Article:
Psychiatric aspects of school desegregation.

Saved in:
Bibliographic Details
Corporate author / creator:Group for the Advancement of Psychiatry. Committee on Social Issues, author.
Imprint:New York, N.Y. : Group for the Advancement of Psychiatry, [1957].
Description:1 online resource (95 pages).
Series:Report / Group for the Advancement of Psychiatry ; no. 37
Report (Group for the Advancement of Psychiatry) ; no. 37.
Subject:Segregation in education.
African Americans -- Segregation.
African Americans -- Psychology.
Ségrégation en éducation.
Attitude (Psychologie)
African Americans -- Psychology.
African Americans -- Segregation.
Segregation in education.
Format: E-Resource Book
URL for this record:
Hidden Bibliographic Details
Other authors / contributors:Group for the Advancement of Psychiatry, publisher.
Notes:"Annotated reading list": pages 81-91.
Restrictions unspecified
Electronic reproduction. [S.l.] : HathiTrust Digital Library, 2010.
Master and use copy. Digital master created according to Benchmark for Faithful Digital Reproductions of Monographs and Serials, Version 1. Digital Library Federation, December 2002.
digitized 2010 HathiTrust Digital Library committed to preserve
Online resource (HeinOnline, viewed October 25, 2017).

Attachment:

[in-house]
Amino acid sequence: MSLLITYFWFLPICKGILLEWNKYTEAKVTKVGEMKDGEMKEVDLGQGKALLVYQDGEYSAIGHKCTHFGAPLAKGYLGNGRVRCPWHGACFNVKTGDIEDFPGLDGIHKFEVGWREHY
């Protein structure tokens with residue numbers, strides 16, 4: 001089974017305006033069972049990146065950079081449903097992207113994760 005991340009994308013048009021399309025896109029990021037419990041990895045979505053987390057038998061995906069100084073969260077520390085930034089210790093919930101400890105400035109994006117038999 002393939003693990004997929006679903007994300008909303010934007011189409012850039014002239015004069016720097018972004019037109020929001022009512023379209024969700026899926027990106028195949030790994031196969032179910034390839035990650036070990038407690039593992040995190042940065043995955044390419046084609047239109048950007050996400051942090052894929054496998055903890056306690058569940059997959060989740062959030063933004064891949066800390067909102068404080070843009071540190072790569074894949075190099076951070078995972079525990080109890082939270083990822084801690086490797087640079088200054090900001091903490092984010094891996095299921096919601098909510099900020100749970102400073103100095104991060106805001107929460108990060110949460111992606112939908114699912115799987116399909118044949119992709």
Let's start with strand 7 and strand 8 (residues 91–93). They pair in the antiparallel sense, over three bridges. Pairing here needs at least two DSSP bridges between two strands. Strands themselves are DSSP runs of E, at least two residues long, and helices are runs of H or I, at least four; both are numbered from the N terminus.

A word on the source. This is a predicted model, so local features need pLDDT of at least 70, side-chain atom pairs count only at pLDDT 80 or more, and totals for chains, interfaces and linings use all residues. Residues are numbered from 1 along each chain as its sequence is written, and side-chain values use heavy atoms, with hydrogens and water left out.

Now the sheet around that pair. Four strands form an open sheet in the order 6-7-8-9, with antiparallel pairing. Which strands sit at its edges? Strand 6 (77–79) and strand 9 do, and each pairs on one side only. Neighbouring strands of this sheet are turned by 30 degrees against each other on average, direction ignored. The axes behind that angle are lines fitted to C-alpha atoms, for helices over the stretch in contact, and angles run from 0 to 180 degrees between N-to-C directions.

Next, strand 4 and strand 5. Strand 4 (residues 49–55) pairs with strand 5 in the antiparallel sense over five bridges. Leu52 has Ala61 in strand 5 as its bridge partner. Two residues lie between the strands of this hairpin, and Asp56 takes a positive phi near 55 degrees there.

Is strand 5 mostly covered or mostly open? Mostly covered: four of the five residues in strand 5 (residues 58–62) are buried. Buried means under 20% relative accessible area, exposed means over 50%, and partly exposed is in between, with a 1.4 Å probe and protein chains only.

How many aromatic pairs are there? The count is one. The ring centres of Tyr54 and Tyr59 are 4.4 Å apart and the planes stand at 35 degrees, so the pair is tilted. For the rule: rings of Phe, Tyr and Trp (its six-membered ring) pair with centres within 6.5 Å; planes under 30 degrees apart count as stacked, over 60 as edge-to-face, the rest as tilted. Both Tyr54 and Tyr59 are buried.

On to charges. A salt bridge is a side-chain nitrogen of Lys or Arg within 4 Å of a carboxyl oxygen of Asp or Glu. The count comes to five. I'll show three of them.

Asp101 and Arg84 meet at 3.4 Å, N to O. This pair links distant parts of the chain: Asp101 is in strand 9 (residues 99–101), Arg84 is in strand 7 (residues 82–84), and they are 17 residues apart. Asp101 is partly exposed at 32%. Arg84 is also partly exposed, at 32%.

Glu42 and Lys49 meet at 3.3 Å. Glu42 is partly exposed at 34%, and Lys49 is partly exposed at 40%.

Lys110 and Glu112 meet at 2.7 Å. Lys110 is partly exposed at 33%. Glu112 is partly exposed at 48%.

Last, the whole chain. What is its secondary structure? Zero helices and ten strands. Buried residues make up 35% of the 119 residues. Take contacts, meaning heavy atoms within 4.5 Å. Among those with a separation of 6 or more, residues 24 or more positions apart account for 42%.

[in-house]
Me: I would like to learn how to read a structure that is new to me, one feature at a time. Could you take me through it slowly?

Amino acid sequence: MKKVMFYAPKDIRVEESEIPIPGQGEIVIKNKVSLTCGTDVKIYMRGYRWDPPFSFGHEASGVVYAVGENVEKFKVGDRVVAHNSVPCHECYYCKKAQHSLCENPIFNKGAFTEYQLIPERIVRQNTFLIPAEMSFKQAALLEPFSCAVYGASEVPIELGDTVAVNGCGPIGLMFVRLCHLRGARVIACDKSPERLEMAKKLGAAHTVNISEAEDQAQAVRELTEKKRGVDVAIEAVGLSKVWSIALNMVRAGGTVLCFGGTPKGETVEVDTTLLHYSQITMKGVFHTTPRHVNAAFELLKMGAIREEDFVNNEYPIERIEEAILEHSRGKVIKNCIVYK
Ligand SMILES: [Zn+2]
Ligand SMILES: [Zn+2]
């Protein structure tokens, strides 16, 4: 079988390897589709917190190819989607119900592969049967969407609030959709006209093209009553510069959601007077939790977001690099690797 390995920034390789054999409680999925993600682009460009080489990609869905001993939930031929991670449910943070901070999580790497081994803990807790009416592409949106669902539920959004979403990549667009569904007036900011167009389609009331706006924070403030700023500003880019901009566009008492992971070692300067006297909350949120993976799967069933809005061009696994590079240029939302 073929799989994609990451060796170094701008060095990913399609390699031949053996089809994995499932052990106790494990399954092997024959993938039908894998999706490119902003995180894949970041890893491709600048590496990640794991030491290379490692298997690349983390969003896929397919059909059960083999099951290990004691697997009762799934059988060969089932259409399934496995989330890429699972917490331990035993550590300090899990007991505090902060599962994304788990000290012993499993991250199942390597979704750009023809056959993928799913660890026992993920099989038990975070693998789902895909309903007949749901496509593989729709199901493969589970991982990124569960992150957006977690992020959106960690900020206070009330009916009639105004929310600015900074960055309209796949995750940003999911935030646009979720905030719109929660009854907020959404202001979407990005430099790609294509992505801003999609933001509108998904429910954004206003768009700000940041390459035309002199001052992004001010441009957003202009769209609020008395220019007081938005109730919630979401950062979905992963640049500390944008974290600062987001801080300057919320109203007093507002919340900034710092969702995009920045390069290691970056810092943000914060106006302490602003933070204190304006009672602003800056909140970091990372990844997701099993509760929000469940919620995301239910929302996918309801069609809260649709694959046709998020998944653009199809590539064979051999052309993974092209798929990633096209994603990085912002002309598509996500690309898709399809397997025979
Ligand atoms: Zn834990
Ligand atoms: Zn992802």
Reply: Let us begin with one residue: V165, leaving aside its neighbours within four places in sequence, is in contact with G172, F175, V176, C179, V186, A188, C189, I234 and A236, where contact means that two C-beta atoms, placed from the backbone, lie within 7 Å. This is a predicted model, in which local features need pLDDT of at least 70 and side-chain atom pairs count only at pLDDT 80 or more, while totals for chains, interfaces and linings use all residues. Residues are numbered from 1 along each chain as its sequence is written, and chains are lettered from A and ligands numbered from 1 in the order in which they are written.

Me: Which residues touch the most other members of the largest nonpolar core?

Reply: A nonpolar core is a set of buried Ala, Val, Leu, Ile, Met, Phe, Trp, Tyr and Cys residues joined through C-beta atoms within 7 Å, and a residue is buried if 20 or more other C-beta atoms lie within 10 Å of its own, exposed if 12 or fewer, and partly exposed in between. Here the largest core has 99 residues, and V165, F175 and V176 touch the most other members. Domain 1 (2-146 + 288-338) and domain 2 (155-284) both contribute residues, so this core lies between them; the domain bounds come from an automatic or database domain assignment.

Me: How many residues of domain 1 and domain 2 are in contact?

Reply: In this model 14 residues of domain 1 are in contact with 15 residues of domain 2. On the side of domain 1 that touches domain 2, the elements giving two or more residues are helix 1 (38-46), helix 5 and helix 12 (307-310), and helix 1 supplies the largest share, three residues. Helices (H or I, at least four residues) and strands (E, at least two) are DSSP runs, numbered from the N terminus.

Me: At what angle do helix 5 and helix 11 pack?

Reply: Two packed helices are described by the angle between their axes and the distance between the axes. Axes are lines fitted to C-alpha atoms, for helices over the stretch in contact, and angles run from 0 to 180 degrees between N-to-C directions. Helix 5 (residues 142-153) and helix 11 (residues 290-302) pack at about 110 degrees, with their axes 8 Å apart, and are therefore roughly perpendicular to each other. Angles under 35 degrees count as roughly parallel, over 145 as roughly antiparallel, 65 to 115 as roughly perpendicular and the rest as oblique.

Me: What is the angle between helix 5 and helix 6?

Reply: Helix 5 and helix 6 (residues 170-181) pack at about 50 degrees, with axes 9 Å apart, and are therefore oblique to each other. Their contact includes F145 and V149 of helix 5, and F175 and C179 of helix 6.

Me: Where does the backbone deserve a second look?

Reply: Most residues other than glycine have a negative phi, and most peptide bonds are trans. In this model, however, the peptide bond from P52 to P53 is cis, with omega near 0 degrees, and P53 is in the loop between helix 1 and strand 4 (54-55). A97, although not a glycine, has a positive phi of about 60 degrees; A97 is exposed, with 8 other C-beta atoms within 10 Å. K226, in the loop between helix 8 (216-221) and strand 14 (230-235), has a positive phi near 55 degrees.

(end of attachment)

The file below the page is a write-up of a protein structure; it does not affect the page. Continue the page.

Summary:"This report published by the Group for the Advancement of Psychiatry examines the psychiatric aspects and consequences of school desegregation. In preparing this report the authors have tried to bring together some facts and principles drawn from general knowledge of human behavior as well as from special experience in this particular aspect of it. They have tried to show the bearing of these on the processes of behavior and attitude change which must accompany desegregation. The authors point out that beliefs in Negro inferiority are made a matter of intense feeling and inflexibility because of the numerous irrational emotional factors which focus around this issue. Such irrational forces range from unconscious guilt feelings springing from the long exploitation of Negroes by whites, to the use of feelings of superiority by whites to bolster up self-esteem and combat problems of insecurity or anxiety coming from other aspects of their own lives. The authors discuss the intensely emotional issue of intermarriage, pointing out that racial mixing has not so far been prevented by laws forbidding intermarriage. In addition, they also discuss the changes attendant upon desegregation from the point of view of group processes in the community. The authors examine the dynamics of people's attitude toward authority in the process of social change. And finally, they discuss in considerable detail the various aspects of desegregation as they affect the main participants--the children, the educators, and the parents"--Book. (PsycINFO Database Record (c) 2006 APA, all rights reserved).
Other form:Print version: Group for the Advancement of Psychiatry. Committee on Social Issues. Psychiatric aspects of school desegregation. [New York] ©1957